Government Expansion for National Security

Government Expansion for National Security - Government...

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Government Expansion for National Security Laws and acts are passed faster and without public opinion or debate and suspicious persons can be deported without ever standing trial. Arguments for this estate that this expansion is necessary to protect us as a society, while arguments against state that this expansion allows the government too much power and endangers the rights of American citizens. After September 11th, President George Bush and Attorney General John Ashcroft enacted several directives geared towards suspected terrorists. Captured members of the Al Qaeda group would face military tribunals versus regular court trials, over 5,000 Middle Easterners living in the United States were pulled for questioning by the government, the Immigration and Naturalization Service held immigrants without disclosing the names of the individuals being held until forced to do so, the information gathering abilities of the FBI were expanded, and the Department of Justice listening to client-attorney conversations when a suspected terrorist was the client were all part of the new directives being pushed through. The argument for increased intelligence is a simple one: the signs of 9/11 happening were present if anyone had chosen to take a look. Al Qaeda groups were increasing the violence, number, and lethality of the attacks being carried out in their name. German intelligence warned of the first attack on the World Trade center in 1993.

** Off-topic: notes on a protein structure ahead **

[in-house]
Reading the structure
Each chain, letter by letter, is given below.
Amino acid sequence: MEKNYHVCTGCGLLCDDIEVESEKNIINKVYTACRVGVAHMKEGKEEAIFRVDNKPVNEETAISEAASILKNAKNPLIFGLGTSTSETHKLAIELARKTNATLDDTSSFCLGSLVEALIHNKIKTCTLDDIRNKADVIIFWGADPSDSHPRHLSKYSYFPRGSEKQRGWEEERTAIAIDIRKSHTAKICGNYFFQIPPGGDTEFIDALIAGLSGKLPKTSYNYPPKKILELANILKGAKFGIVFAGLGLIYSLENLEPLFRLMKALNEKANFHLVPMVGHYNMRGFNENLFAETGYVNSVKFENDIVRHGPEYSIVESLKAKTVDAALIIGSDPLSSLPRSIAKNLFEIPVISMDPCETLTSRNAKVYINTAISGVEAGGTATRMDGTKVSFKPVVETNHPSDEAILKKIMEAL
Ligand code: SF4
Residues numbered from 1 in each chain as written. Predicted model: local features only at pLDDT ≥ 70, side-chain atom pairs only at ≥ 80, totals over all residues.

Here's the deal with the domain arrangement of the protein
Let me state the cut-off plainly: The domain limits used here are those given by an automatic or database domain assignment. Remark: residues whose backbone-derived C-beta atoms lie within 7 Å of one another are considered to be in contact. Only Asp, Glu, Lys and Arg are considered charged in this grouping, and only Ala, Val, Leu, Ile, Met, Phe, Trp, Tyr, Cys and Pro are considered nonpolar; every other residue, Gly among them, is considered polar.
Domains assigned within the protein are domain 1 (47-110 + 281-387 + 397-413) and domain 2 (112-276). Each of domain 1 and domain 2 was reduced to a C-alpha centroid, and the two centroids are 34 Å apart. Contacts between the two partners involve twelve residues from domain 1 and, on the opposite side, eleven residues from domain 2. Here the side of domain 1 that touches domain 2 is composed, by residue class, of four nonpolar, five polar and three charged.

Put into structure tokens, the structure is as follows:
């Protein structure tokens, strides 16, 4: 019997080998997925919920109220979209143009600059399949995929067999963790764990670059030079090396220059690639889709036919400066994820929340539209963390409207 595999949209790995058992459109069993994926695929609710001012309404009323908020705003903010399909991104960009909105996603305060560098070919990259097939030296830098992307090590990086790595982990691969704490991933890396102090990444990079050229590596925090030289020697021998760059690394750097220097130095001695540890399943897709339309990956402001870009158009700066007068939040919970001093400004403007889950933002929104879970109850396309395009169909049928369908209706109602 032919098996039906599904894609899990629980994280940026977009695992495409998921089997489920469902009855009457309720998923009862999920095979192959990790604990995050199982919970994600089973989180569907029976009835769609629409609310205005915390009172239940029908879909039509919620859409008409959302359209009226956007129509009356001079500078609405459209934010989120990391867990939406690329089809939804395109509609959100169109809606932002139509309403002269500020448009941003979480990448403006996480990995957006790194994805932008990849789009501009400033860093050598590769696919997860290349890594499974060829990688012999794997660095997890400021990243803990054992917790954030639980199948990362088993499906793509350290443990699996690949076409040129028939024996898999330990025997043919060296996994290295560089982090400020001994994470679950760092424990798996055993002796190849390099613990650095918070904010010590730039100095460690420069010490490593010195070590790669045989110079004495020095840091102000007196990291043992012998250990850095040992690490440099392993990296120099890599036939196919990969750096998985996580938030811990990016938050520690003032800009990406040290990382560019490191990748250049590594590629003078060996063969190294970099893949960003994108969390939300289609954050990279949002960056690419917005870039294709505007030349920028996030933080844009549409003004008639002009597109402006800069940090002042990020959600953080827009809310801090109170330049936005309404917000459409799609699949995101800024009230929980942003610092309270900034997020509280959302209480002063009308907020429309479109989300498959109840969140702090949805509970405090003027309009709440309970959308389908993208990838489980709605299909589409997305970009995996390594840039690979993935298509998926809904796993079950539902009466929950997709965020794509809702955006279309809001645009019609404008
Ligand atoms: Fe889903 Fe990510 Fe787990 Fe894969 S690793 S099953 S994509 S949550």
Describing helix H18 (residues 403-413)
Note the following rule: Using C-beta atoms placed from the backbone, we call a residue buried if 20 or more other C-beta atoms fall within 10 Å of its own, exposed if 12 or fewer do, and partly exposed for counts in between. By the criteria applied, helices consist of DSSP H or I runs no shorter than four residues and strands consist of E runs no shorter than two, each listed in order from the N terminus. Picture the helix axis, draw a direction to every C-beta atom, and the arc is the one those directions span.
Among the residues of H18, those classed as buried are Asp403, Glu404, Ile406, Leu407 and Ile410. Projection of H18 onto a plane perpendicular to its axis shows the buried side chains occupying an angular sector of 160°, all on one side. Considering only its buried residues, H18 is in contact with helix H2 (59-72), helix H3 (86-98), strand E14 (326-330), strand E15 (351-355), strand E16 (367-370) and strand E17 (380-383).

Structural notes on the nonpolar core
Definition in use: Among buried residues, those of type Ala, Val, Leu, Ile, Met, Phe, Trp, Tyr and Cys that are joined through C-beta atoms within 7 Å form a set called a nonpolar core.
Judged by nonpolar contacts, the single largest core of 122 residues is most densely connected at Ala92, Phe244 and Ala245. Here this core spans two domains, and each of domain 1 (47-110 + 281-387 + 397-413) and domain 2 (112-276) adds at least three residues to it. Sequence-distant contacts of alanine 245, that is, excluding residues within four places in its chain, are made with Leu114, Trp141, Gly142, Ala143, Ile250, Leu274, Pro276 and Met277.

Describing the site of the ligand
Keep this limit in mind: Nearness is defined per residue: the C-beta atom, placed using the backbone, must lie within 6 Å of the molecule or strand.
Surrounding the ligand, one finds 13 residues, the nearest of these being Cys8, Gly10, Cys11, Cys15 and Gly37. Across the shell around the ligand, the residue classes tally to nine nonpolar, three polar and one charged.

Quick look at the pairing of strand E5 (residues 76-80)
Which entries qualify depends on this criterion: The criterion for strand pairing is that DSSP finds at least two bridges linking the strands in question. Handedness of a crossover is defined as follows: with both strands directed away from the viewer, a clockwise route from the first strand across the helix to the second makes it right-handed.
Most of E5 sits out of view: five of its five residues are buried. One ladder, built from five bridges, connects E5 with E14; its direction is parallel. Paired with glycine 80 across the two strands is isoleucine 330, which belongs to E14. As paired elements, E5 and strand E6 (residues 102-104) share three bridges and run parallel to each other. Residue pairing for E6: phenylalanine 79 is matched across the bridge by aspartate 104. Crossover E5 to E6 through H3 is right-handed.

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Government Expansion for National Security - Government...

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